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AB-679 Criminal trials: testimony of in-custody informants.(2021-2022)

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Date Published: 05/27/2021 09:00 PM

Amended  IN  Assembly  May 27, 2021
Amended  IN  Assembly  April 07, 2021


Assembly Bill
No. 679

Introduced by Assembly Member Friedman
(Principal coauthor: Assembly Member Bauer-Kahan)
(Coauthors: Assembly Members Quirk, Wicks, and Lorena Gonzalez)
(Coauthor: Senator Coauthors: Senators Kamlager and Wiener)

February 12, 2021

An act to repeal and add Section 1111.5 of the Penal Code, relating to criminal procedure.


AB 679, as amended, Friedman. Criminal trials: testimony of in-custody informants.
Existing law prohibits a jury or judge from convicting a defendant, finding a special circumstance true, or using a fact in aggravation based on the uncorroborated testimony of an in-custody informant. Existing law defines “in-custody informant” for these purposes as a person, other than a codefendant, percipient witness, accomplice, or coconspirator, whose testimony is based on statements allegedly made by the defendant while both the defendant and the informant were held within a city or county jail, state penal institution, or correctional institution.
Existing law provides that, except as otherwise provided by statute, all relevant evidence is admissible. The California Constitution provides for the Right to Truth-In-Evidence, which requires a 2/3 vote of the Legislature to exclude any relevant evidence from any criminal proceeding, as specified.
This bill would instead make testimony by, or information obtained by, an in-custody informant, as defined, regarding statements made by the defendant while the defendant was in custody, inadmissible, as specified. The bill would provide an exemption for such testimony relating to a crime or incident occurring within a correctional facility and testimony obtained pursuant to a law enforcement operation, as described, that meets specified criteria.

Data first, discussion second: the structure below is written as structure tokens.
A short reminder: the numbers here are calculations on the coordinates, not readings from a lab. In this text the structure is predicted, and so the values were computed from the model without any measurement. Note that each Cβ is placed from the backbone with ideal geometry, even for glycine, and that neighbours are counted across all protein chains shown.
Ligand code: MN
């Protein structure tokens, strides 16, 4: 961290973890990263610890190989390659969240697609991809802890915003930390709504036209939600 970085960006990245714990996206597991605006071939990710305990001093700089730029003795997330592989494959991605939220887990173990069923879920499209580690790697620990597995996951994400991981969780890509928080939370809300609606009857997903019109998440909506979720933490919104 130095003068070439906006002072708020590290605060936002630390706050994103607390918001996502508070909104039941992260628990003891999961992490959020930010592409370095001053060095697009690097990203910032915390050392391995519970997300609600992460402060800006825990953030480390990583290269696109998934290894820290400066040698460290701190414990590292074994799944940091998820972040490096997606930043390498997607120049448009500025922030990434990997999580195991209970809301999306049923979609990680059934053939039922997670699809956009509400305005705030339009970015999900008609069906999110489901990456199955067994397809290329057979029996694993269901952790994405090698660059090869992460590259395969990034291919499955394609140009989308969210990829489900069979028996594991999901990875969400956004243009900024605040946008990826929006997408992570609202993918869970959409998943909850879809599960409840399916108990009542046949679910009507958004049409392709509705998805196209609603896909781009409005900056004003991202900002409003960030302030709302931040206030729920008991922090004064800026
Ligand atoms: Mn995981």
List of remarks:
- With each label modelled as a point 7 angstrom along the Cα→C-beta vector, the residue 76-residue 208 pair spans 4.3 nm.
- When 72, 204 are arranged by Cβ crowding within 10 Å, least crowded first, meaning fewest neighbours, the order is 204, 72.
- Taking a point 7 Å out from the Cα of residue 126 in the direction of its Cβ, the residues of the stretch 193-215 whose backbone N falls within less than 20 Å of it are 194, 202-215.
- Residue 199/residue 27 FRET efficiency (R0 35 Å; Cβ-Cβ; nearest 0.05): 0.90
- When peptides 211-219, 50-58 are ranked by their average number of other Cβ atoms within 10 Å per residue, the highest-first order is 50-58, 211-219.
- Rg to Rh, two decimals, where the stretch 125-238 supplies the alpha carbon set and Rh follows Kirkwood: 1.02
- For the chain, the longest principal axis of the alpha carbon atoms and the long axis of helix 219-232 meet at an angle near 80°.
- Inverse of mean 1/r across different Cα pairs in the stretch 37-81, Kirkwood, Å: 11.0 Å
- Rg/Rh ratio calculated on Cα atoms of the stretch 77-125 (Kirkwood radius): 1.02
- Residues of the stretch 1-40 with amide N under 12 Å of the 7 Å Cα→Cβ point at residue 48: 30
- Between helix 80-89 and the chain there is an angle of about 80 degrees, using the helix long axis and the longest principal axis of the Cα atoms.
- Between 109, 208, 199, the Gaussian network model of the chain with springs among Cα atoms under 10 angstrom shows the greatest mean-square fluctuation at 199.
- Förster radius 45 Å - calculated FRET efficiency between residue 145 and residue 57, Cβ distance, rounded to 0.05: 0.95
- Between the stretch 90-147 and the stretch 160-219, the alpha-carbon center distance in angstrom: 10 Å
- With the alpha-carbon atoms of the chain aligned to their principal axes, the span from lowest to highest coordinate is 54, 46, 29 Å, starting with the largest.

Vote: 2/3   Appropriation: NO   Fiscal Committee: YES   Local Program: NO  

The people of the State of California do enact as follows:


 Section 1111.5 of the Penal Code is repealed.

SEC. 2.

 Section 1111.5 is added to the Penal Code, to read:

 (a) In a prosecution for any crime, testimony by, or information obtained by, an in-custody informant regarding a statement made by the defendant, while the defendant was in custody, shall not be admissible as evidence against the defendant.
(b) As used in this section, “in-custody informant” means a person, other than a codefendant, accomplice, coconspirator, or percipient witness to the offense for which the defendant is on trial, whose testimony or information is based upon statements made by the defendant while both the defendant and informant were in custody or the informant reasonably appeared to the defendant to be in custody.
(c) This section does not apply to either of the following:
(1) Testimony by an in-custody informant as part of a law enforcement operation in which all of the following requirements are met:
(A) The in-custody informant is an undercover law enforcement officer or agent of law enforcement.
(B) The defendant’s right to counsel under the Sixth Amendment to the United States Constitution and Section 15 of Article 1 of the California Constitution has not yet attached to the crime subject of the investigation.
(C) The defendant had not, at the time the in-custody informant spoke to the defendant, invoked their right to silence or counsel, related to the charges for which the defendant is being investigated, under the Fifth Amendment to the United States Constitution.
(D) All communications between the defendant and the in-custody informant were audio and video recorded, and notice that these recordings exist is provided to the defendant when charges are filed. If audio and video recordings are not feasible, the agent shall be called to testify at the preliminary hearing and trial. This subdivision does not apply to audio-recorded operations under this section that were conducted prior to January 1, 2022.
(E) The defendant is provided a list of all in-custody informant operations in which the undercover officer or agent has participated in that resulted in the filing of charges against another inmate, and any consideration that was offered, promised, or provided.
(F) The defendant’s statements to the undercover officer or person acting at the specific direction of law enforcement are not the product of coercion, intimidation, or threats.
(G) Payment to the agent by law enforcement or an employee or agent of law enforcement was in no way contingent upon the achievement of a specifically desired law enforcement outcome.
(2) Testimony by an in-custody witness regarding observations of a crime or incident occurring within a correctional facility.
(d) Nothing in this section is intended or shall be construed to limit discovery to the defense that is otherwise required or authorized by law.